"It was the first program in the county--and it became a model--that paid incentives for breeding horses in-state," his daughter said. "He championed that."Along with his daughter, Carter is survived by his wife, Margaret Lickle Cromwell; two sons, Bruce and George Carter; and 10 grandchildren. His first wife, Araminta Rullman, died in 1995.A memorial service will be held at 11 a.m. Feb. 14 at St. Stephens Traditional Episcopal Church. Memorial contributions may be sent to St. Stephens Traditional Episcopal Church, 11856 Mays Chapel Rd., Timonium, Md., 21093.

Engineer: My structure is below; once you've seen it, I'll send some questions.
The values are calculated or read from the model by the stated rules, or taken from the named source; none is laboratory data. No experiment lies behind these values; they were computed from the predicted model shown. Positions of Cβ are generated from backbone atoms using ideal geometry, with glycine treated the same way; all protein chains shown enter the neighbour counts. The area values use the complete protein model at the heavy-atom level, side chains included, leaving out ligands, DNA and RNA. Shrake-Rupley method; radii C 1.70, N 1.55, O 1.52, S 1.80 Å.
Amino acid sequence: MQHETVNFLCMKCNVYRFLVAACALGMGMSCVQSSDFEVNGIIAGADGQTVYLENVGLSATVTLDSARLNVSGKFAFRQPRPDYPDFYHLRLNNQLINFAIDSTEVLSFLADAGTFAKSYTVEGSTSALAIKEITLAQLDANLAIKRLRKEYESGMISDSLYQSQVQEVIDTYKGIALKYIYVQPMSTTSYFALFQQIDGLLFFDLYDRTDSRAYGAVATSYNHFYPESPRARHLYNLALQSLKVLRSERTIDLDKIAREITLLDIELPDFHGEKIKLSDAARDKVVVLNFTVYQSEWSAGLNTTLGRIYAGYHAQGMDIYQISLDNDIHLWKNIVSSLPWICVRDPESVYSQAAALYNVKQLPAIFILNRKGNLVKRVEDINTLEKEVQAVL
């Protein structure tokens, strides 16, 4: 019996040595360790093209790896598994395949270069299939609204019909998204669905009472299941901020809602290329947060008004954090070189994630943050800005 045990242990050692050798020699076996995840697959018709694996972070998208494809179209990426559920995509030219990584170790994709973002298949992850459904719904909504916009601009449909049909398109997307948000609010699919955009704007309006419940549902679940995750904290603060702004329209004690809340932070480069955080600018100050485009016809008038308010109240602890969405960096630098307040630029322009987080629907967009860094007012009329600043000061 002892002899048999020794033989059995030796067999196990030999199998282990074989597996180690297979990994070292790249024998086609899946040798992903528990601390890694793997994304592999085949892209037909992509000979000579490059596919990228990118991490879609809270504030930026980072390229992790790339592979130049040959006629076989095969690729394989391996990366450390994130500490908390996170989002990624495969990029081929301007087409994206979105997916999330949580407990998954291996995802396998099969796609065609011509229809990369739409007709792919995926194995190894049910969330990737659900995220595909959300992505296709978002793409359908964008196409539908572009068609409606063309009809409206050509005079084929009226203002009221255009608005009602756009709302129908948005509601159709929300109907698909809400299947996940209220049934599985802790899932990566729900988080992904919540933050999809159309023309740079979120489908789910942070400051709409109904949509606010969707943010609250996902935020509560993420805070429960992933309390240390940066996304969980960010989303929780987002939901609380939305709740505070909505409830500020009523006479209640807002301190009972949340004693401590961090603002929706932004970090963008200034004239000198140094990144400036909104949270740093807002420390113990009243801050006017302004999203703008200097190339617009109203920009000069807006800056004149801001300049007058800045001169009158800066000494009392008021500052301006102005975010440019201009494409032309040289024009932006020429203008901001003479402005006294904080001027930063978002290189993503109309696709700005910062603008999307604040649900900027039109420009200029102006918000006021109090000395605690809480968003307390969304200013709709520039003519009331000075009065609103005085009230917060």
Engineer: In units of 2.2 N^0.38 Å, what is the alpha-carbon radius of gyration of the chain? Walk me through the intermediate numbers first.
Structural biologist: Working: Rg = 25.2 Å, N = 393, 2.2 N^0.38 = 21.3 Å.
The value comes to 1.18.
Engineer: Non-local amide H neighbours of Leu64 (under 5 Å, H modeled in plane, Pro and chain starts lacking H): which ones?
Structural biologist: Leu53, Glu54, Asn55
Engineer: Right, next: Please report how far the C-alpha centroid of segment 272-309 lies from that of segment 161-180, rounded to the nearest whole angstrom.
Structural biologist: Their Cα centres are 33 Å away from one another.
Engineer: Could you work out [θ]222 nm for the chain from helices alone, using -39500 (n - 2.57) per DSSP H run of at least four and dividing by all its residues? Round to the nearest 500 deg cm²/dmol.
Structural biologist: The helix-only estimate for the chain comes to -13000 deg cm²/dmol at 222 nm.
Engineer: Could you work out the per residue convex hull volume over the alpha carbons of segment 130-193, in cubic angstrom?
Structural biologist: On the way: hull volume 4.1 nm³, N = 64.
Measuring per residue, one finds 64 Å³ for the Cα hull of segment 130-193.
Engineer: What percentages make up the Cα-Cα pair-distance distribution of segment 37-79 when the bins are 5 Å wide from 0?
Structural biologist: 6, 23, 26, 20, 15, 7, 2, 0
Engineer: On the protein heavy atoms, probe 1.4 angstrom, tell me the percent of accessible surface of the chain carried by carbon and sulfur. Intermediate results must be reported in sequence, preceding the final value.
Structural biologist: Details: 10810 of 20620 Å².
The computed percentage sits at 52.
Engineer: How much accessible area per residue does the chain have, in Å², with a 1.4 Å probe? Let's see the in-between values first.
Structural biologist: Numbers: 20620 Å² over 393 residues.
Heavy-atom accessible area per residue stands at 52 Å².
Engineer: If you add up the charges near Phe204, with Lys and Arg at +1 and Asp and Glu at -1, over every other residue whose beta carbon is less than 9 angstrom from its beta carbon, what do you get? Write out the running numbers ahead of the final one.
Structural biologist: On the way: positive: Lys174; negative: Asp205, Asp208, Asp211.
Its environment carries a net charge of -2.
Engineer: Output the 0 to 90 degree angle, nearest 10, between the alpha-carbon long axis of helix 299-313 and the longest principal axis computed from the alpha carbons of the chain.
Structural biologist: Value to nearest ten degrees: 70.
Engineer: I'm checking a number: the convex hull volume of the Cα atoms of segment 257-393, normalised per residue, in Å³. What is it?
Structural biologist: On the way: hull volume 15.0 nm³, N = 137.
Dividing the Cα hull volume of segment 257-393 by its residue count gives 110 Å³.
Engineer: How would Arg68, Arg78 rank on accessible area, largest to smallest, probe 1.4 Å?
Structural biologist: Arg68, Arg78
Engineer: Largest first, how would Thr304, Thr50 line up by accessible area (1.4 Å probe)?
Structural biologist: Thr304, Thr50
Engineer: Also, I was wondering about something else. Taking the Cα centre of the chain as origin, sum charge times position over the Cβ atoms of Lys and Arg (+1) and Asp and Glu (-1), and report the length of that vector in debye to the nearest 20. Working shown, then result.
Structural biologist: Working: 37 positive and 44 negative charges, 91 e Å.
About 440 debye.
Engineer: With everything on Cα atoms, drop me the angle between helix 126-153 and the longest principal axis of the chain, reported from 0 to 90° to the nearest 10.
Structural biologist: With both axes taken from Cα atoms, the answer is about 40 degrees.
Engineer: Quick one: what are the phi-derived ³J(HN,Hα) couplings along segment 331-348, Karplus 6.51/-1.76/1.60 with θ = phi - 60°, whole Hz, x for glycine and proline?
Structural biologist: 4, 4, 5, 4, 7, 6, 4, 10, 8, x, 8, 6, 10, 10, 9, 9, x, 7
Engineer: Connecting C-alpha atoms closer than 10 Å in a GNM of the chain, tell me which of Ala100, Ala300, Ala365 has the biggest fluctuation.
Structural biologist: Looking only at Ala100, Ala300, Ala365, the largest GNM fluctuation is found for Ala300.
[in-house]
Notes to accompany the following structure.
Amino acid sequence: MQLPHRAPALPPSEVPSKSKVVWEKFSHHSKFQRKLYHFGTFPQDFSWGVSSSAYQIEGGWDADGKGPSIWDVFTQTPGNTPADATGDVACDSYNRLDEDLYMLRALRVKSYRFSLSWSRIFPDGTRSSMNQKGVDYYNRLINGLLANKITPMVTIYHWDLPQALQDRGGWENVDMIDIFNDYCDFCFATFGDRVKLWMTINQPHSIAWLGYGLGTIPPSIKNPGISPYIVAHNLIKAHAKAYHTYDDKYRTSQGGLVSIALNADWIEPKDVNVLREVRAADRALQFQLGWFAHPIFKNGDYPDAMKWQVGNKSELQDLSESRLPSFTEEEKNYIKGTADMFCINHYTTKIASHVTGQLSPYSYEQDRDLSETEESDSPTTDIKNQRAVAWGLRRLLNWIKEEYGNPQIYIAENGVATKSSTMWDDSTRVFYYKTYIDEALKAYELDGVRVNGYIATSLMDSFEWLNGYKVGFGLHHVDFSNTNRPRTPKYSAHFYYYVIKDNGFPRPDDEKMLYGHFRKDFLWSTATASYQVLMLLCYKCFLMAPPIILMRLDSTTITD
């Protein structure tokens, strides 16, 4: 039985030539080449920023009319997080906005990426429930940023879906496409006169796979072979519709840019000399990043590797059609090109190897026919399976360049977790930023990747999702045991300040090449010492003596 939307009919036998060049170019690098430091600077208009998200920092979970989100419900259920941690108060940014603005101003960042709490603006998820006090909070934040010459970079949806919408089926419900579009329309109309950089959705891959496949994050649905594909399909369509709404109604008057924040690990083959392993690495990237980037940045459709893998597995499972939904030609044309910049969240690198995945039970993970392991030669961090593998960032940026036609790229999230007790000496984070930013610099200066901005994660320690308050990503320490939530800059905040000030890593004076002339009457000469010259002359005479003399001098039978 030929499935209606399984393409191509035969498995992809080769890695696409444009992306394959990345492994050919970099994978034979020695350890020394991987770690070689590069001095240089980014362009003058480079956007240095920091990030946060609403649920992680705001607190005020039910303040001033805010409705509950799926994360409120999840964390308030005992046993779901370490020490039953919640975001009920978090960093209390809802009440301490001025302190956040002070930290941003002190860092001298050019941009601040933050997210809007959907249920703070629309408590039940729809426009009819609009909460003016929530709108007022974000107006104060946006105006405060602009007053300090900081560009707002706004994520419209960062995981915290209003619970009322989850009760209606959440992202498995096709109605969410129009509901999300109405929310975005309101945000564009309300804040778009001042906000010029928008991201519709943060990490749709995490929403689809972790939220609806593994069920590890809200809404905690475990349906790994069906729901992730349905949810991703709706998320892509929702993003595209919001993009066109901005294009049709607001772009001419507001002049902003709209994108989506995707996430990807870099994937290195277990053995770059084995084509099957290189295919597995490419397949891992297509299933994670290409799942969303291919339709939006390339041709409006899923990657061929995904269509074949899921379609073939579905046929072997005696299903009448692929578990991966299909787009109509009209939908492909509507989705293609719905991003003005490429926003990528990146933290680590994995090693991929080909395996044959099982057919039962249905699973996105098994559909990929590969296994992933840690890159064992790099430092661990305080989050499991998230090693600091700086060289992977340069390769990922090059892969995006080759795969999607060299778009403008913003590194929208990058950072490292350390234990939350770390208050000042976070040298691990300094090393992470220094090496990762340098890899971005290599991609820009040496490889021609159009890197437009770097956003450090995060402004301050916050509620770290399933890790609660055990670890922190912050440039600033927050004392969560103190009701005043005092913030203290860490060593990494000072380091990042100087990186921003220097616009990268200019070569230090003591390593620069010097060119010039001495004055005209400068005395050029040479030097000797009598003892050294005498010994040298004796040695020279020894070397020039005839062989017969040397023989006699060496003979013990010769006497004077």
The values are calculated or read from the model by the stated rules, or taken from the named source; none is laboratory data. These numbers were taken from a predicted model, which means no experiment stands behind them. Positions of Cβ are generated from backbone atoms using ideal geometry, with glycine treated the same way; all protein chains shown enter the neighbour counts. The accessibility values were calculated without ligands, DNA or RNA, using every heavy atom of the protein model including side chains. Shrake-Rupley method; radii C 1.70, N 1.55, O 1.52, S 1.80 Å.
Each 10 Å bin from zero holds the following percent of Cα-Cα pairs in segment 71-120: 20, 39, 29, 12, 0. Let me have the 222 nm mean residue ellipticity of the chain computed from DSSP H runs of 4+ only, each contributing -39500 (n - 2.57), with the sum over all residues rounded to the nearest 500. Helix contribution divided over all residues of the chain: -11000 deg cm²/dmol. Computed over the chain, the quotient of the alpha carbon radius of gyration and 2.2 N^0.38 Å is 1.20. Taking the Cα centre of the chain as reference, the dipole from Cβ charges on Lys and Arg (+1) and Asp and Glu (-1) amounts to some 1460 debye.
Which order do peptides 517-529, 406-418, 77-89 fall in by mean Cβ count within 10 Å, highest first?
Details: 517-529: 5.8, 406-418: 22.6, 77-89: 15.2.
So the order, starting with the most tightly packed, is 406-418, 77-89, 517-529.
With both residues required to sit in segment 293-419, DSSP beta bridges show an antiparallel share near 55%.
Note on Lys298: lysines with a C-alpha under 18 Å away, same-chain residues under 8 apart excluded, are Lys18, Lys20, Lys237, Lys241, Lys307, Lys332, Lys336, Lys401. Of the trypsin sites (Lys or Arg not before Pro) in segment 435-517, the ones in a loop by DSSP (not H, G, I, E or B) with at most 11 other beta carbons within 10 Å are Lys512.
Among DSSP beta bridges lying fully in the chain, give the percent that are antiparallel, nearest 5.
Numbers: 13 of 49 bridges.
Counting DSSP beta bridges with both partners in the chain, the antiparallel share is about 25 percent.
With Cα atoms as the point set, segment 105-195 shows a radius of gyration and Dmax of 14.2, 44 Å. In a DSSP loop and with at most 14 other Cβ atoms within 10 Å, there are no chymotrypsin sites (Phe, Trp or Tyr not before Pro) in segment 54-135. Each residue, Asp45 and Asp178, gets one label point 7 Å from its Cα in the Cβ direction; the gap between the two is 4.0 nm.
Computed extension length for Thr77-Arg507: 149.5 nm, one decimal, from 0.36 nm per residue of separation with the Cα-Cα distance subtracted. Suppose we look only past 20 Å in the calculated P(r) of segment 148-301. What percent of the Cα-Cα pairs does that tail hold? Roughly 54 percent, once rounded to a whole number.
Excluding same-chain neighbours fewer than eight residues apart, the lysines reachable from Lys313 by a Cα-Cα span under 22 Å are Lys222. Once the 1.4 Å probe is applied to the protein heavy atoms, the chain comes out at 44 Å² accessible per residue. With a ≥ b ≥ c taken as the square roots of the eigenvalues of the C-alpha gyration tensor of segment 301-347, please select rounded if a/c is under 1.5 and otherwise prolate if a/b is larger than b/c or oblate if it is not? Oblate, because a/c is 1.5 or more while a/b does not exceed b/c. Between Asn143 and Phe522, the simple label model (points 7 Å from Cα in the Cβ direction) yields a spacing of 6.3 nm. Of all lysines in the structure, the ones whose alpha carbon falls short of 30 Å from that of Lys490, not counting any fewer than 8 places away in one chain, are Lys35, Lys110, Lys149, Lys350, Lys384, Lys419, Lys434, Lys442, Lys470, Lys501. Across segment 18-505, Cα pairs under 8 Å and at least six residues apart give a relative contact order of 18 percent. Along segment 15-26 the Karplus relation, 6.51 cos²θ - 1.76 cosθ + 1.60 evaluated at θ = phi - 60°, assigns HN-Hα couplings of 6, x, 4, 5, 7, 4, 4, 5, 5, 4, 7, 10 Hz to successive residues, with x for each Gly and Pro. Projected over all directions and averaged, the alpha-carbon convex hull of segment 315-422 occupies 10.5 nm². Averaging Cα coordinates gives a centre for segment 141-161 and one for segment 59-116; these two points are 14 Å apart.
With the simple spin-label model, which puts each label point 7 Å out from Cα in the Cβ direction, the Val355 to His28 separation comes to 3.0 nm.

Snowden Carter, who served as general manager of the Maryland Horse Breeders' Association and editor of The Maryland Horse from 1962 until his retirement in 1986, died Feb. 3 of heart failure at his home in Owings Mills, Md. He was 83.His daughter, Lucy Acton, is the current editor of Mid-Atlantic Thoroughbred magazine, which replaced The Maryland Horse several years ago.Wilton Snowden Carter was a native of Baltimore's Pimlico neighborhood. A graduate of Duke University, he was a horse enthusiast and owner who had a small breeding farm in the 1950s and '60s. He began his journalism career as a police reporter for the Baltimore Sun in 1944 and switched to coving racing two years later. He also wrote the Maryland breeding column for Daily Racing Form in the 1980s and '90s.He was a former president of the Maryland Racing Writers' Association and served for many years as the organization's secretary. He won the Thoroughbred Racing Associations' award for best newspaper story in 1956 (now the Eclipse Award) for reporting about Needles and Fabius in the Preakness. He served as a judge for the Eclipse Awards for writing five times.Carter also won the National Steeplechase Association award for best magazine story about steeplechase racing in 1967 and 1970. He was president of American Horse Publications in 1973 and 1974."He took the (Maryland Horse) magazine from a little newsletter and made it the National Geographic of the horse business," Mike Pons, president of the Maryland Million and co-owner of Country Life Farm in Bel Air, Md., told the Sun."Snowden was not only a great editor, but he looked like one, too, with his patrician, literary demeanor and shock of white hair," Ross Peddicord, co-publisher of Maryland Life Magazine, told the paper. "There was a bit of a flair to him, like he had stepped from the pages of the old New Yorker magazine into horsey Maryland."While general manger of the state breeding association, Carter began the state-bred program.